To our knowledge, this is the first study to examine the patterns of use of occupational therapy alone in a population-based study. These results suggest underuse of occupational therapy by older adults with cancer, a population with considerable functional needs. Given the known relationships between functional status and overall well-being in cancer care, further research exploring both barriers to occupational therapy use and opportunities for intervention will be critical in strengthening cancer survivorship care in North Carolina and beyond.
Limitations and Future Research
Our study had several limitations. First, because the types of occupational therapy provided are tailored to clients’ specific needs, types of occupational therapy intervention and evaluation are likely to differ among adults. Moreover, occupational therapy billing codes do not include diagnosis codes to verify the reason for therapy. Some of the adults in our study may have been receiving occupational therapy for other reasons. Second, data were lacking on important predictors of occupational therapy use not found in claims data, such as personal beliefs and individual functional status. Third, although billing codes for occupational therapy could be used to represent other services such as physical therapy, a conservative approach to the codes was used to decrease that possibility. Fourth, income and education level were represented at the county level. Fifth, the study was conducted only in North Carolina, which may limit its generalizability.
To examine for the first time the patterns of use of occupational therapy by older adults with cancer, we identified several predictors of occupational therapy use in this population, including sex, age, previous use of occupational therapy, cancer type, and stage. Our results suggest possible underuse of occupational therapy by older adults with cancer. Future research could narrow the focus to one cancer type because cancers differ by type and stage. Moreover, research could include other large surveys linked to Medicare claims, which would include both functional status and billing claims and provide a more thorough understanding of the appropriateness, effectiveness, and possible disparity of occupational therapy services.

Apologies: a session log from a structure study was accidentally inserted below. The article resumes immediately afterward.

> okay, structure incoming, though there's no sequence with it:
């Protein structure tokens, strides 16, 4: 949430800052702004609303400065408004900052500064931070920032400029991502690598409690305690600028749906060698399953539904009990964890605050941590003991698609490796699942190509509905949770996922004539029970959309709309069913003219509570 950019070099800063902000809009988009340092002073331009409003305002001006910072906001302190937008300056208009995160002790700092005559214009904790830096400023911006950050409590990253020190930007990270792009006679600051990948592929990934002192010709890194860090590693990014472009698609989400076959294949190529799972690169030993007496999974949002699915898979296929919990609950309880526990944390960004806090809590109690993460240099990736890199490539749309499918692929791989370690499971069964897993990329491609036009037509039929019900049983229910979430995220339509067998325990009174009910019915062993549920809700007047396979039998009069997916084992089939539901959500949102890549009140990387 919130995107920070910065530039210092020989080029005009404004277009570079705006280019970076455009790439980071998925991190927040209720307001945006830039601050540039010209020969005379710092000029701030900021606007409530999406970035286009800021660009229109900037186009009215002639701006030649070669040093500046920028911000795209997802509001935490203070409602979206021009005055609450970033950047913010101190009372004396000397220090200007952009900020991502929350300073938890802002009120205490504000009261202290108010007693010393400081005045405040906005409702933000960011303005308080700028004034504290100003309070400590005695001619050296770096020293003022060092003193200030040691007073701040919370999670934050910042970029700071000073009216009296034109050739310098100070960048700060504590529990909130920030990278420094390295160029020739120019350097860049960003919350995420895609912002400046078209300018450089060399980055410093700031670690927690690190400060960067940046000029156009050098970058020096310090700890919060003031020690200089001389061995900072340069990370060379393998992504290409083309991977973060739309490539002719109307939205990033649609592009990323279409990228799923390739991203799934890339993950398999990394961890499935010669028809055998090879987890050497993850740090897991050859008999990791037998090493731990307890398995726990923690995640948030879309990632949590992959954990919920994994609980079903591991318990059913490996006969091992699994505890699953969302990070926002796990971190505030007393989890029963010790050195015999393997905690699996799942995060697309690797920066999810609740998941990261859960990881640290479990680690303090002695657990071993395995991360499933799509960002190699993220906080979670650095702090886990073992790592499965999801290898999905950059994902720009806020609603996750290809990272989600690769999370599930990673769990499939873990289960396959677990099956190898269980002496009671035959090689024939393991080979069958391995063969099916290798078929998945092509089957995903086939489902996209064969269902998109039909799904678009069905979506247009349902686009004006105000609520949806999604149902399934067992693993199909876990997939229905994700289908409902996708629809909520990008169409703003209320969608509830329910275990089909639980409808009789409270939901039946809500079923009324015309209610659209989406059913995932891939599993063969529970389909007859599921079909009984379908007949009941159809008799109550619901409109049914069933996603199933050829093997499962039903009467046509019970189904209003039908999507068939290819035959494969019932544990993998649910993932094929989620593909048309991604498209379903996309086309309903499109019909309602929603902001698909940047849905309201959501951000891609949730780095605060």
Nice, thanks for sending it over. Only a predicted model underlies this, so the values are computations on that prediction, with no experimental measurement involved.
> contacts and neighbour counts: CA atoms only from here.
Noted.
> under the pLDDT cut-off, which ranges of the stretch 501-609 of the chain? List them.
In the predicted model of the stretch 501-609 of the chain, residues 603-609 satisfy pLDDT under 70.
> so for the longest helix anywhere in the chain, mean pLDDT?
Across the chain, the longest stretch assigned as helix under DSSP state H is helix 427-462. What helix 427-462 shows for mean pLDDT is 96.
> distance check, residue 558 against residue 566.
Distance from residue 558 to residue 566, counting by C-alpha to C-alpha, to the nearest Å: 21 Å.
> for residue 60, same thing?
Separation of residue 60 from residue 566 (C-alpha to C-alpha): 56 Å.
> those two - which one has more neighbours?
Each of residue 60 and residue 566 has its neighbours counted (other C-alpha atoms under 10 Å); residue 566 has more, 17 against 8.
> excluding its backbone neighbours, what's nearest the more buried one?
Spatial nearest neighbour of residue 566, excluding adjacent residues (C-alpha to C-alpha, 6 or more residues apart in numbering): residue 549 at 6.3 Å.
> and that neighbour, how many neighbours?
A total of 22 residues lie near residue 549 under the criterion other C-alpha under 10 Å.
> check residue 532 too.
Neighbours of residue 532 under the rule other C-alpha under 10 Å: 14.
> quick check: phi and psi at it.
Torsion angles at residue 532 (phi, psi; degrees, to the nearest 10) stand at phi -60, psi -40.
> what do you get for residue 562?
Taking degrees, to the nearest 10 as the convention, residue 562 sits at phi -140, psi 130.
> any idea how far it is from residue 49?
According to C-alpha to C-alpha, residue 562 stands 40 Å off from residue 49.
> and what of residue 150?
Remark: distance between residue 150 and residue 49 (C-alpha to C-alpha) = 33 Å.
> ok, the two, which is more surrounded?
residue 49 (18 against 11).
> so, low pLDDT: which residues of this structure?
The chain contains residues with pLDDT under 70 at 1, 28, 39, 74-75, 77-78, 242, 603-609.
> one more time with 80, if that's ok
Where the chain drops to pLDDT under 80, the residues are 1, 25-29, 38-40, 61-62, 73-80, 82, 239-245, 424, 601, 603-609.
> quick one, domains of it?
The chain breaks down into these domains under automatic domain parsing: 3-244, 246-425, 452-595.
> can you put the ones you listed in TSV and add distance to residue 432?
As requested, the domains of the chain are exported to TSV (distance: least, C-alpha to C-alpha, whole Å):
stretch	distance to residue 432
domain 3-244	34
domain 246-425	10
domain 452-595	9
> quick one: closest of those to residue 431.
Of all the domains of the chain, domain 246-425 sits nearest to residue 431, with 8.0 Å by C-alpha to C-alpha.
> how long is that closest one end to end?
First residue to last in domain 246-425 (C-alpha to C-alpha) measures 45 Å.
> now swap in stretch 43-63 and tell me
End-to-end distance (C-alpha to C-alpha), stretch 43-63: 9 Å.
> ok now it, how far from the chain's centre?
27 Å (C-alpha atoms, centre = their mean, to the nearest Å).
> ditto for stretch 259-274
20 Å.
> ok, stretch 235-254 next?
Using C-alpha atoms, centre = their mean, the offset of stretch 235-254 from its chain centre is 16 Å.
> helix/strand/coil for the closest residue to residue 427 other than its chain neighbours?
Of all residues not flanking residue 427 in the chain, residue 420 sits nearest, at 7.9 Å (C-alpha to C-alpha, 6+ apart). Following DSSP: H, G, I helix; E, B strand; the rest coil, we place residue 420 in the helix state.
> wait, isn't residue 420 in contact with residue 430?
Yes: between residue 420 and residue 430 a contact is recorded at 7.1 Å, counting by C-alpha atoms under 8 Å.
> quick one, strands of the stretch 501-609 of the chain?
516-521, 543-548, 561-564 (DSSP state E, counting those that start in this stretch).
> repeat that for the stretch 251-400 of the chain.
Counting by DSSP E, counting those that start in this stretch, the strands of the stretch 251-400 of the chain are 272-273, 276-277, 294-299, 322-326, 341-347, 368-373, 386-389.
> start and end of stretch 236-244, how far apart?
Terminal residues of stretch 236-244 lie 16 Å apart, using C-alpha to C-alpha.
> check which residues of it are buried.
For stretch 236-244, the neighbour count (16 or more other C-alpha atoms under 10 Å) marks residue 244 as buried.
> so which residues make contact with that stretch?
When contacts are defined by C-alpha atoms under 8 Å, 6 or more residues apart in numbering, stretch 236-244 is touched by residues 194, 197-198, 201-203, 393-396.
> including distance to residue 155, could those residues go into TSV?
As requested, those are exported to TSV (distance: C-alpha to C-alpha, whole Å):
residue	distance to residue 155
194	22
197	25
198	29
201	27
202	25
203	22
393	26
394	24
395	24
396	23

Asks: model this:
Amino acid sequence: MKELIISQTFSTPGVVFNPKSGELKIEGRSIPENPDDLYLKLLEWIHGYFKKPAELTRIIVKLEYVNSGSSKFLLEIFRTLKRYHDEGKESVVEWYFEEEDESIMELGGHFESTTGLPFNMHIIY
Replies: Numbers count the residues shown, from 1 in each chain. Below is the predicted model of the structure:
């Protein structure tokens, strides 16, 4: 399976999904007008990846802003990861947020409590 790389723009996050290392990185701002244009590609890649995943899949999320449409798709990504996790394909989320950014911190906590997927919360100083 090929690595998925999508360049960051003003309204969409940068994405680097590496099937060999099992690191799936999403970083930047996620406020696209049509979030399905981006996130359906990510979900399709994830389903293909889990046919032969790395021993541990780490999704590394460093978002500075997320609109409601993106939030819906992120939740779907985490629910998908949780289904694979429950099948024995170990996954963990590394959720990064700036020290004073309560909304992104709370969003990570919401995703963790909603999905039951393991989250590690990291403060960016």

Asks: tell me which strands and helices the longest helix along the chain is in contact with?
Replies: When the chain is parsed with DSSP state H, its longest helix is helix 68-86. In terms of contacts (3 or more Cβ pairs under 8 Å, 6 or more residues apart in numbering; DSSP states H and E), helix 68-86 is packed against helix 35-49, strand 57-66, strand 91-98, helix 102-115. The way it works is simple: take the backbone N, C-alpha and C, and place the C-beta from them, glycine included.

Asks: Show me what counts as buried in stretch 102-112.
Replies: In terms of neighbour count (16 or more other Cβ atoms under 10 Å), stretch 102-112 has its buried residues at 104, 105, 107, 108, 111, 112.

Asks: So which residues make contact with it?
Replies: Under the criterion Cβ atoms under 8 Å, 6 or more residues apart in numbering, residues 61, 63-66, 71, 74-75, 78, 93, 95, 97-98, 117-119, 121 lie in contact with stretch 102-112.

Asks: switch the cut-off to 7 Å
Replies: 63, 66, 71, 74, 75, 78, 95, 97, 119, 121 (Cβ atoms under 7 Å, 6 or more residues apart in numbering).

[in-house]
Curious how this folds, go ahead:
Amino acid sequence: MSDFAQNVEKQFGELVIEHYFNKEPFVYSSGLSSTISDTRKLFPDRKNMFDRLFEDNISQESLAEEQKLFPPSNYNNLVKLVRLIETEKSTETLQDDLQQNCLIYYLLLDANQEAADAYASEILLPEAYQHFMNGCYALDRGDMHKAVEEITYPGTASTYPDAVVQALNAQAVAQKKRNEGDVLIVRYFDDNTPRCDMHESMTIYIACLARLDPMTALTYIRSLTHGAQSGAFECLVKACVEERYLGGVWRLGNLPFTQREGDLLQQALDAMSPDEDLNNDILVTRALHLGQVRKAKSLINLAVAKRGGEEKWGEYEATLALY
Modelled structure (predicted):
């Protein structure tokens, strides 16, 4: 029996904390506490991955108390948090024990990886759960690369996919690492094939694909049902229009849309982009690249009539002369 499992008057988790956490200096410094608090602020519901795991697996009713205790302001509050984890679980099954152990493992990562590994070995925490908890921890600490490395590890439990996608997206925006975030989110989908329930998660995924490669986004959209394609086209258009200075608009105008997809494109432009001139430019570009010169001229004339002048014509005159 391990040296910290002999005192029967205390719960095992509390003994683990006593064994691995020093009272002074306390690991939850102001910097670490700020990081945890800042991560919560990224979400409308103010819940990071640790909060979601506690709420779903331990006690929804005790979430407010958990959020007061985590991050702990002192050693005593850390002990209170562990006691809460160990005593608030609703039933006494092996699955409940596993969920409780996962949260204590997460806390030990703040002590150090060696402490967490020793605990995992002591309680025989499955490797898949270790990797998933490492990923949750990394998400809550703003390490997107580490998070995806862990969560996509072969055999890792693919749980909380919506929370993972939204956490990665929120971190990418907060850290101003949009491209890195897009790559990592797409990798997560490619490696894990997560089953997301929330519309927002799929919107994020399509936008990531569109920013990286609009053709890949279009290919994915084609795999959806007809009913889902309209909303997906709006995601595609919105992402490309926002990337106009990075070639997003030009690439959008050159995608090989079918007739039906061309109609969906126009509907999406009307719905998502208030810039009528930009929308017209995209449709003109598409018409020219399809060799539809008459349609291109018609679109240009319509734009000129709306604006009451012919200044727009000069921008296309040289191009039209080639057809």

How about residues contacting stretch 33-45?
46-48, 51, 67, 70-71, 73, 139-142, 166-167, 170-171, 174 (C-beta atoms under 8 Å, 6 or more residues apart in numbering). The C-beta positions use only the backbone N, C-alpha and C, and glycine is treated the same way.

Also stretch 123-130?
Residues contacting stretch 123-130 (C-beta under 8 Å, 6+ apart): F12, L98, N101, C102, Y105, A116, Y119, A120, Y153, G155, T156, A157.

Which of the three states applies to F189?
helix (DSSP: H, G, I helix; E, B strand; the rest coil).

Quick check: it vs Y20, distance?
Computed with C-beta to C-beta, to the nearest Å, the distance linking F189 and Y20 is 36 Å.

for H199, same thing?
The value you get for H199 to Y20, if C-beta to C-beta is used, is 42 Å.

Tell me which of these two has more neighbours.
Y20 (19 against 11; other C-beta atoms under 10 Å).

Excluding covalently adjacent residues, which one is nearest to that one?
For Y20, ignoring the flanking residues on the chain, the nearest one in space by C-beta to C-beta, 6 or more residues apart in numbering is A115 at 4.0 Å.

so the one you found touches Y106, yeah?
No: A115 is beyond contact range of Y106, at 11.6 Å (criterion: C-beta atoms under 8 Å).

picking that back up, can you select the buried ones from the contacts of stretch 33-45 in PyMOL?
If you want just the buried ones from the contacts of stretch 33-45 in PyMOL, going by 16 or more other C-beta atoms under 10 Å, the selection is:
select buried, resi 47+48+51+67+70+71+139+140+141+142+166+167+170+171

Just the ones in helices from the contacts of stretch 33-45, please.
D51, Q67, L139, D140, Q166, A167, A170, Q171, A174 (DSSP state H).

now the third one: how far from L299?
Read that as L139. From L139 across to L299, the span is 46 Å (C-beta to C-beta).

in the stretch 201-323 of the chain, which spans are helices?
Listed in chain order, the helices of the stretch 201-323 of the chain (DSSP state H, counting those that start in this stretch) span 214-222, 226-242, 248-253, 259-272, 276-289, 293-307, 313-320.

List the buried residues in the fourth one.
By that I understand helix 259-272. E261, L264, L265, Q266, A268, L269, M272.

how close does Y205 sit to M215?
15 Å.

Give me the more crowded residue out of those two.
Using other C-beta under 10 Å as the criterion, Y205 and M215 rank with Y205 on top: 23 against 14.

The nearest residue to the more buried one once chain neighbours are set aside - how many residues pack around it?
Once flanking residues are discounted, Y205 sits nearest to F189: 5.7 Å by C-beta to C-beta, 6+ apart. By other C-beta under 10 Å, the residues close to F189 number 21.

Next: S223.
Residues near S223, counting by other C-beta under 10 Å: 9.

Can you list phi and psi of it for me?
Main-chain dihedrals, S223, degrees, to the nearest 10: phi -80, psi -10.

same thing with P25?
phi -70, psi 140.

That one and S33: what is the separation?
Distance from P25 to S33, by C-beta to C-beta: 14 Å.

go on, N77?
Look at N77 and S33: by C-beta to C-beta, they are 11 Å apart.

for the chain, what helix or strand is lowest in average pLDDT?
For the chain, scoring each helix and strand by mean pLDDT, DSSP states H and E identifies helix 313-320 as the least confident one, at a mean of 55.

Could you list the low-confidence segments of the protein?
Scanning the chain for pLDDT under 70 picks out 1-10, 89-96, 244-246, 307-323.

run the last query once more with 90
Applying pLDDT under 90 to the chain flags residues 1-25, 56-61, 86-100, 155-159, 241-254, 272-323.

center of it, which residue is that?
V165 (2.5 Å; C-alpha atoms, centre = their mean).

These analyses addressed an important problem that has received little attention. We identified several sociodemographic variations and lower usage than reported need in the patterns of occupational therapy use of older adults with cancer. Although cancer rehabilitation, defined to include occupational therapy and physical therapy, has been recommended, we noted large numbers of older adults not receiving services and considerable differences between those who did and did not use occupational therapy (Holm et al., 2012; Lehmann et al., 1978; Movsas et al., 2003;Ross, Petersen, Johnsen, Lundstrøm, & Groenvold, 2012; Stafford & Cyr, 1997). Because the burden of cancer and its treatments is greater for older adults, we stress that future researchers continue to understand the utilization of occupational therapy services and the appropriateness of the services for this population; it is especially critical for adults with lung cancer, who demonstrate the highest need and are least likely to use occupational therapy. Although evidence for occupational therapy is growing in other fields, we reiterate the need for future research within this population.